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Short-term dynamics of dissolved organic matter and bacterial communities in the open North Sea off Helgoland Island

MPG-Autoren
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Köster,  Irina
ICBM MPI Bridging Group for Marine Geochemistry, Max Planck Institute for Marine Microbiology, Max Planck Society;

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Zitation

Köster, I. (2013). Short-term dynamics of dissolved organic matter and bacterial communities in the open North Sea off Helgoland Island. Bachelor Thesis, University of Oldenburg, Oldenburg / Germany.


Zitierlink: http://hdl.handle.net/21.11116/0000-0001-C62F-C
Zusammenfassung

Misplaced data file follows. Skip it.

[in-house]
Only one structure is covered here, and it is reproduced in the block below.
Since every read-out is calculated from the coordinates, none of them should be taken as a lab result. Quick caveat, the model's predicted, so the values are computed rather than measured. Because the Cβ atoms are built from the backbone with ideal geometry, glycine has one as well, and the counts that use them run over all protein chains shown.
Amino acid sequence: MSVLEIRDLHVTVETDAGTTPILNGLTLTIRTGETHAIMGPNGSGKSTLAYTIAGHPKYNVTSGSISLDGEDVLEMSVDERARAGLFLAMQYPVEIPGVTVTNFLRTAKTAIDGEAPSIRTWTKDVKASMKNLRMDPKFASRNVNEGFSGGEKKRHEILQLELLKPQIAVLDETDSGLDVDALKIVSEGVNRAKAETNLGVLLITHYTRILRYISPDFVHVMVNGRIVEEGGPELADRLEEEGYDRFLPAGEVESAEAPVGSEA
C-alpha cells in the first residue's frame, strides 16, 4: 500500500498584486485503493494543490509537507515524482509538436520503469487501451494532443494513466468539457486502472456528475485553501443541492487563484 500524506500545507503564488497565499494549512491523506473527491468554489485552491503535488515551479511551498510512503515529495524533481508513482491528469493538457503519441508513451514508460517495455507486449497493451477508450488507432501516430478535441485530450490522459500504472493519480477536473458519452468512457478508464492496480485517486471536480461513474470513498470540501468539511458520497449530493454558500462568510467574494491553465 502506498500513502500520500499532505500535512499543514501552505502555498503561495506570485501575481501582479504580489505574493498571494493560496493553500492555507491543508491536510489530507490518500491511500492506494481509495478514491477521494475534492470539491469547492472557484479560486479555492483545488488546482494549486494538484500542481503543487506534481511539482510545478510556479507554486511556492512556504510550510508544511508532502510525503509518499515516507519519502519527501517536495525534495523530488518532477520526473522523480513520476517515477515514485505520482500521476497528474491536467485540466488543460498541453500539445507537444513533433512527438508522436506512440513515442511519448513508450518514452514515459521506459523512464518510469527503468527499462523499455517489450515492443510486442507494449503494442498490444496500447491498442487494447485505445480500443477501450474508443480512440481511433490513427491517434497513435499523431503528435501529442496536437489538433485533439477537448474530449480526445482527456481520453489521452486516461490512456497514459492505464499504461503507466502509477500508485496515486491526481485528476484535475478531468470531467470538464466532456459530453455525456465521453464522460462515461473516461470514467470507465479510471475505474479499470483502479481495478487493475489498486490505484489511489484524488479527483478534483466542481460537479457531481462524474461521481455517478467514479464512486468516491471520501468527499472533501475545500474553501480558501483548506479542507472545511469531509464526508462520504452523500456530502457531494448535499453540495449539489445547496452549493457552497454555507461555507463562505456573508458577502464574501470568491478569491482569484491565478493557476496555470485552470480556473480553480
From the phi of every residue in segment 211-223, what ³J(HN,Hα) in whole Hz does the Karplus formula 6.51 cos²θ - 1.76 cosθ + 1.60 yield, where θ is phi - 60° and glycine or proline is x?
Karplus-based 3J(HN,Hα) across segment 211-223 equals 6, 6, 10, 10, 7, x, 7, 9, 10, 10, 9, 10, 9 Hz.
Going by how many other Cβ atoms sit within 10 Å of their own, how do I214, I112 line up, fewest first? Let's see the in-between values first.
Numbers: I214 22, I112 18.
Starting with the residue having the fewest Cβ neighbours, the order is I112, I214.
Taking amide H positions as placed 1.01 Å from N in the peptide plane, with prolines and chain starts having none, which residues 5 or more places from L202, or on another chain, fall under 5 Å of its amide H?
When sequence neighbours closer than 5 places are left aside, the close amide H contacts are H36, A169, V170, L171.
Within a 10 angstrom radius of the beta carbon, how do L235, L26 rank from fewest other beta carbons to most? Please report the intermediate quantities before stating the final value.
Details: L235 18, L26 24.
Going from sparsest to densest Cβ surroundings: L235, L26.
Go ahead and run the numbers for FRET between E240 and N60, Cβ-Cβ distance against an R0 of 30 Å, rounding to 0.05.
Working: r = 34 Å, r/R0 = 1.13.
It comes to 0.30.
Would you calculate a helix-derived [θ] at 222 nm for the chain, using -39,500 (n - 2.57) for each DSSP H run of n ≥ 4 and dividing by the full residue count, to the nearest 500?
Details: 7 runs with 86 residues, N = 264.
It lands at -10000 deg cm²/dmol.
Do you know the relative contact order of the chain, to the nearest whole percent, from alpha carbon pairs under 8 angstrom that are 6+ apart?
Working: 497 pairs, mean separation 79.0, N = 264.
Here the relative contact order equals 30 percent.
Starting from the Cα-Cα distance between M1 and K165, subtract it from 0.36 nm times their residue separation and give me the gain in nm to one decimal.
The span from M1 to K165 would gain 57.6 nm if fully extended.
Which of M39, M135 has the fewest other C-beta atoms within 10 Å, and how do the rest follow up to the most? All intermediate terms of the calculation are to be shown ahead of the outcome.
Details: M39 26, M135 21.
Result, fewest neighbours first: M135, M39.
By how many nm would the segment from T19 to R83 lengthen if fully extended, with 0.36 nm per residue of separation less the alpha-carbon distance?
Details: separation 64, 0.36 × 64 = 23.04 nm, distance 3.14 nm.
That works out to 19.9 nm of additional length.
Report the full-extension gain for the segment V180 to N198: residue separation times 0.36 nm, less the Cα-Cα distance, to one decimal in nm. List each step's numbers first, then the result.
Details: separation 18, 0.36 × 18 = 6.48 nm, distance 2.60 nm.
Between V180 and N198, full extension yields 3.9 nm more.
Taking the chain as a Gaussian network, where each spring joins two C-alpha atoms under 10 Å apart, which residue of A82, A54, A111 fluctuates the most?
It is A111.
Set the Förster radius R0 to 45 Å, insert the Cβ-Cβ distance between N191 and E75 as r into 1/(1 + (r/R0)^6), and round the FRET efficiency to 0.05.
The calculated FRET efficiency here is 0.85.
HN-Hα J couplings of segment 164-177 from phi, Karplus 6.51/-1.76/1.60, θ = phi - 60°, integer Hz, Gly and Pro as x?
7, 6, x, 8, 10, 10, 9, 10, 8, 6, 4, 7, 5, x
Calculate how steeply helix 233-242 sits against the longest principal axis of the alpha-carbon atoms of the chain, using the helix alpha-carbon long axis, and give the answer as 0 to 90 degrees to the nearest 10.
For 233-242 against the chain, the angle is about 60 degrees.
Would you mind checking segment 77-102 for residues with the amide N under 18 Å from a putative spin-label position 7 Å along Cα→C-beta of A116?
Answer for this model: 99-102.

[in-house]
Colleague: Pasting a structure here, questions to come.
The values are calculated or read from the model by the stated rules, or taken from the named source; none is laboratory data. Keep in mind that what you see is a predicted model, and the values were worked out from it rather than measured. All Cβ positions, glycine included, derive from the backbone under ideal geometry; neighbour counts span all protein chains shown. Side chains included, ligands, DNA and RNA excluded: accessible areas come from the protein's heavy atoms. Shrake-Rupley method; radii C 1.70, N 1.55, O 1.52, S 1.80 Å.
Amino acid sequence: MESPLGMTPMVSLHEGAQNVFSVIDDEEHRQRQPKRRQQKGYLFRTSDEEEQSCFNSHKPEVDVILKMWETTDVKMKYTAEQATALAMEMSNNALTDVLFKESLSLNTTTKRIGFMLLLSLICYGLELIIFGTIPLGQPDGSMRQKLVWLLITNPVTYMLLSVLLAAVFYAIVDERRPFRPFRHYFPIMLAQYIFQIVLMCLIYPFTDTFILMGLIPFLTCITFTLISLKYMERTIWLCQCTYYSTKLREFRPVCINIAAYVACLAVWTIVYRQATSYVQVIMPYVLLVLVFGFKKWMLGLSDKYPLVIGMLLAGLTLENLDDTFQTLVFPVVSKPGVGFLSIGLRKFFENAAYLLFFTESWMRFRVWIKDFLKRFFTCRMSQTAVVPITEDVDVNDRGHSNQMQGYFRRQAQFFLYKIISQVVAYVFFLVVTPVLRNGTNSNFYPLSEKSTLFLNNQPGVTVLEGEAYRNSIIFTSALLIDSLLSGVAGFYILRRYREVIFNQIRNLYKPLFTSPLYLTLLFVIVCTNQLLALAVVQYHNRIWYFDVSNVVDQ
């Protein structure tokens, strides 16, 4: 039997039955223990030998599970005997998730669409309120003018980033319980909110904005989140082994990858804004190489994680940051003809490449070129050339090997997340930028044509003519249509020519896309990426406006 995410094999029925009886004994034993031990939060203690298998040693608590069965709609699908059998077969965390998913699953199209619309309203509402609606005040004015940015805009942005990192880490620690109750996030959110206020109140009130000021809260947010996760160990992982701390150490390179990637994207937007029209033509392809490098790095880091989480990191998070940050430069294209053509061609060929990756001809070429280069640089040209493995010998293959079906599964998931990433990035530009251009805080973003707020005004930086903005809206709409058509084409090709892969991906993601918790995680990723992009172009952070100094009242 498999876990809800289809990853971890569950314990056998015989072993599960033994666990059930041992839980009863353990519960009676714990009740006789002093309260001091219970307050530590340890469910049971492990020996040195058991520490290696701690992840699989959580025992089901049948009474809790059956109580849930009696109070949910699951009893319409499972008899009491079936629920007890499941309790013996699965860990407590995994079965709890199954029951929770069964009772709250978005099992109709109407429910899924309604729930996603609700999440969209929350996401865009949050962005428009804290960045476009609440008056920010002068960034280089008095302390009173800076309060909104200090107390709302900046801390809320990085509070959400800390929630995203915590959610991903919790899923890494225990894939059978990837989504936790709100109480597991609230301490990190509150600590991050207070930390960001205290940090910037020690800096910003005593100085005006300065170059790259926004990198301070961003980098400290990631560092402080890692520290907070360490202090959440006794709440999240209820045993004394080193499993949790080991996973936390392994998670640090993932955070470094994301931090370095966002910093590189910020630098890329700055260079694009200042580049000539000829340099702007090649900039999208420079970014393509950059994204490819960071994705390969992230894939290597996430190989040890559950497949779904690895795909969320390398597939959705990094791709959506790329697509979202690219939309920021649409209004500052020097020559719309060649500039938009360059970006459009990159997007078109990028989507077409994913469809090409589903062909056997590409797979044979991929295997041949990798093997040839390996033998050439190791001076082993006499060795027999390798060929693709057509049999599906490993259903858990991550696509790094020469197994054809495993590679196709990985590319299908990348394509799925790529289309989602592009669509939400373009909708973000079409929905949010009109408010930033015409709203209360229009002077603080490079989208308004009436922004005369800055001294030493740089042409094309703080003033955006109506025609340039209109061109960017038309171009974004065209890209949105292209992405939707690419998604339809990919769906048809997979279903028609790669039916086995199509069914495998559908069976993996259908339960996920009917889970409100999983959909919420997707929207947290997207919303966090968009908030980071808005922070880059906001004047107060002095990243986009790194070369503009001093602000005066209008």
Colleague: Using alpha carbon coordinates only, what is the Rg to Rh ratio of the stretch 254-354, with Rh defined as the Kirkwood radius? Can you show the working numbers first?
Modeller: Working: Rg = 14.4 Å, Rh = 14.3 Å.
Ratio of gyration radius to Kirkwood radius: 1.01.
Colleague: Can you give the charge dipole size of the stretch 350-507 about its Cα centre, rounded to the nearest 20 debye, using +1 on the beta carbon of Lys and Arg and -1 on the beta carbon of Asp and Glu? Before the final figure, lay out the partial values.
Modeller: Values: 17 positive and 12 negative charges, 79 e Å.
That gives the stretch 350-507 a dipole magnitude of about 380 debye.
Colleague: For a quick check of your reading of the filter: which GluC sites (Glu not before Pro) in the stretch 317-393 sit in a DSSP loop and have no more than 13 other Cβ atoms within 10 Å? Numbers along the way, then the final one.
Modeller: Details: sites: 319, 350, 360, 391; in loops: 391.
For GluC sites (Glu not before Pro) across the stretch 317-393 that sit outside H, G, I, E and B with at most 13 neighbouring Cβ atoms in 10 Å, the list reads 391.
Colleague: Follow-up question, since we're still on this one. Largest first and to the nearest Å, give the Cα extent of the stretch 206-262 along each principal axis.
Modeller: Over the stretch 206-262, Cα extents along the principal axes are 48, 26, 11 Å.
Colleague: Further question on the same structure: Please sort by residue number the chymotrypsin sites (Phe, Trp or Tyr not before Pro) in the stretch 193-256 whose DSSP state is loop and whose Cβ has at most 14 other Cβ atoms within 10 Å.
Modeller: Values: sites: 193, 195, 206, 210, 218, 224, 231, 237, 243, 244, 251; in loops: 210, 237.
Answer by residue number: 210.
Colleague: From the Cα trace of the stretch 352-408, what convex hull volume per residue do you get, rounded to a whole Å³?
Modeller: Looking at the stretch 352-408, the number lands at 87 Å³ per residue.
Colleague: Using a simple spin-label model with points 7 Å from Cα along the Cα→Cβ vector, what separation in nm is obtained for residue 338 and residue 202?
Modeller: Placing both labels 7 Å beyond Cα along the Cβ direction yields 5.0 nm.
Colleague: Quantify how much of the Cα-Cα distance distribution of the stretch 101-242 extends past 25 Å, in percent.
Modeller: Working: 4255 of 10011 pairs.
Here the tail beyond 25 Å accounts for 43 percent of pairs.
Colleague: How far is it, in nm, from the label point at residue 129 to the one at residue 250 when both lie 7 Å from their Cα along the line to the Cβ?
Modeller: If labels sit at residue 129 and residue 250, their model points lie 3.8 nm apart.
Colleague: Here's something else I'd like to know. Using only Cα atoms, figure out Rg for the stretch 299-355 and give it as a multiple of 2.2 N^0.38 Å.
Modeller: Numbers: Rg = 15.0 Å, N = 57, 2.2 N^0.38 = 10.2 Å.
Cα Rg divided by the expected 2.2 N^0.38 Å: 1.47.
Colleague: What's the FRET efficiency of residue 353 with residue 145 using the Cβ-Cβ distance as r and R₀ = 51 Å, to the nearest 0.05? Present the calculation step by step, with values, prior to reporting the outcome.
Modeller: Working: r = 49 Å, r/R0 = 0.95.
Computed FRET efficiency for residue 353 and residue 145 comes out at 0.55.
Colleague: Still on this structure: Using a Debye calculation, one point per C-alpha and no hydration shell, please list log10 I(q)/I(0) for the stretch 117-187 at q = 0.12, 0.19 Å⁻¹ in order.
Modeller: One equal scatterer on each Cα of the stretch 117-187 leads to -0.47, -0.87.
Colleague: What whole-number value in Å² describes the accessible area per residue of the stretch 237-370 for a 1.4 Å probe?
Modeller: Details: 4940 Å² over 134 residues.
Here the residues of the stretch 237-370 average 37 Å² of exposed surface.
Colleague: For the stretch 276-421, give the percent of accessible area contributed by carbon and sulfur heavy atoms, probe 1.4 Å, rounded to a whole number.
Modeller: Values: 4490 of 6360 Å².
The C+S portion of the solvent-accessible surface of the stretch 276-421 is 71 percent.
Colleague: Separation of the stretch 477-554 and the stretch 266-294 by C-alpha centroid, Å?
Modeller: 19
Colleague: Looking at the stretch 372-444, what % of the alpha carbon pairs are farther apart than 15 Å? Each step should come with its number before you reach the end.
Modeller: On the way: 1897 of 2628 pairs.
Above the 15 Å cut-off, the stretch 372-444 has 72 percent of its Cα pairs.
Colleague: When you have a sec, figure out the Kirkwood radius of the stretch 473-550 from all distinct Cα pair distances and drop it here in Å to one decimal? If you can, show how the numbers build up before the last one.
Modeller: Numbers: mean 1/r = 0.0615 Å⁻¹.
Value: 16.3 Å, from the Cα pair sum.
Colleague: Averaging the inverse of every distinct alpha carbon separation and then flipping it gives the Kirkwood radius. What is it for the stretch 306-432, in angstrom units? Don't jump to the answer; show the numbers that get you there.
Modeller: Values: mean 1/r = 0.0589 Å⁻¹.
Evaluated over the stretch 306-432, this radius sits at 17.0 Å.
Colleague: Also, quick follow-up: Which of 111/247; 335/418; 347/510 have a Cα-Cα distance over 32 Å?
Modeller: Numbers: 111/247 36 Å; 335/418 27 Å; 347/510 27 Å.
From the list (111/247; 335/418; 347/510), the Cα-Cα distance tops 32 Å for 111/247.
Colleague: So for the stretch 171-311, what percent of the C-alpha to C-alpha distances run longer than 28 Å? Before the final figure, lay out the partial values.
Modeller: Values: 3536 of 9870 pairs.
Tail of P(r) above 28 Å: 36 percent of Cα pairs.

Dissolved organic matter (DOM) in the ocean is one of the largest active carbon pools on earth, similar in size to atmospheric CO2 or all land plant biomass. Due to its richness in energy and nutrients it is fundamental for microbial life and for marine food webs. The microbial loop is an essential compartment in the global carbon cycle and is important for the transformation and recycling of organic matter and nutrients in the oceans. Microbial communities shape the molecular composition of DOM and vice versa. Earlier long-term studies have shown that seasonal dynamics in DOM composition and microbial communities exists. The aim of this study was to explore and characterize variations in composition of bacterial communities and DOM over short periods of time, ranging from hours to days. We hypothesize that variations in DOM composition are directly related to variations in the bacterial community and/ or environmental conditions. To test these hypotheses, water samples were taken daily over a time period of 20 days and hourly (over 24 hours) in the open North Sea off Helgoland Island. Sea water was analyzed for environmental variables, molecular DOM composition and the bacterial community structure. DOM was isolated from seawater by solid phase extraction and analyzed via ultrahigh resolution mass spectrometry (FT-ICR-MS, Fourier-Transform Ion Cyclotron Resonance Mass Spectrometry). To investigate bacterial community structure, Automated Ribosomal Intergenic Spacer Analysis (ARISA) fingerprinting was used. The current study did not reveal a direct relation between a bacterial community structure changes and variation in the composition of DOM, neither within daily sampling nor the 24 h time series. However both, bacterial community and DOM composition undergo a characteristic shift during the daily sampling, mainly driven by salinity. The 24 h sampling during this time captured much of the variation in salinity and the microbial community, accordingly. High variations of salinity during the sampling period indicate the presence of changes in different water masses that carry distinct molecular and microbial signatures. For the first time, these changes have been documented in such high temporal and analytical resolution.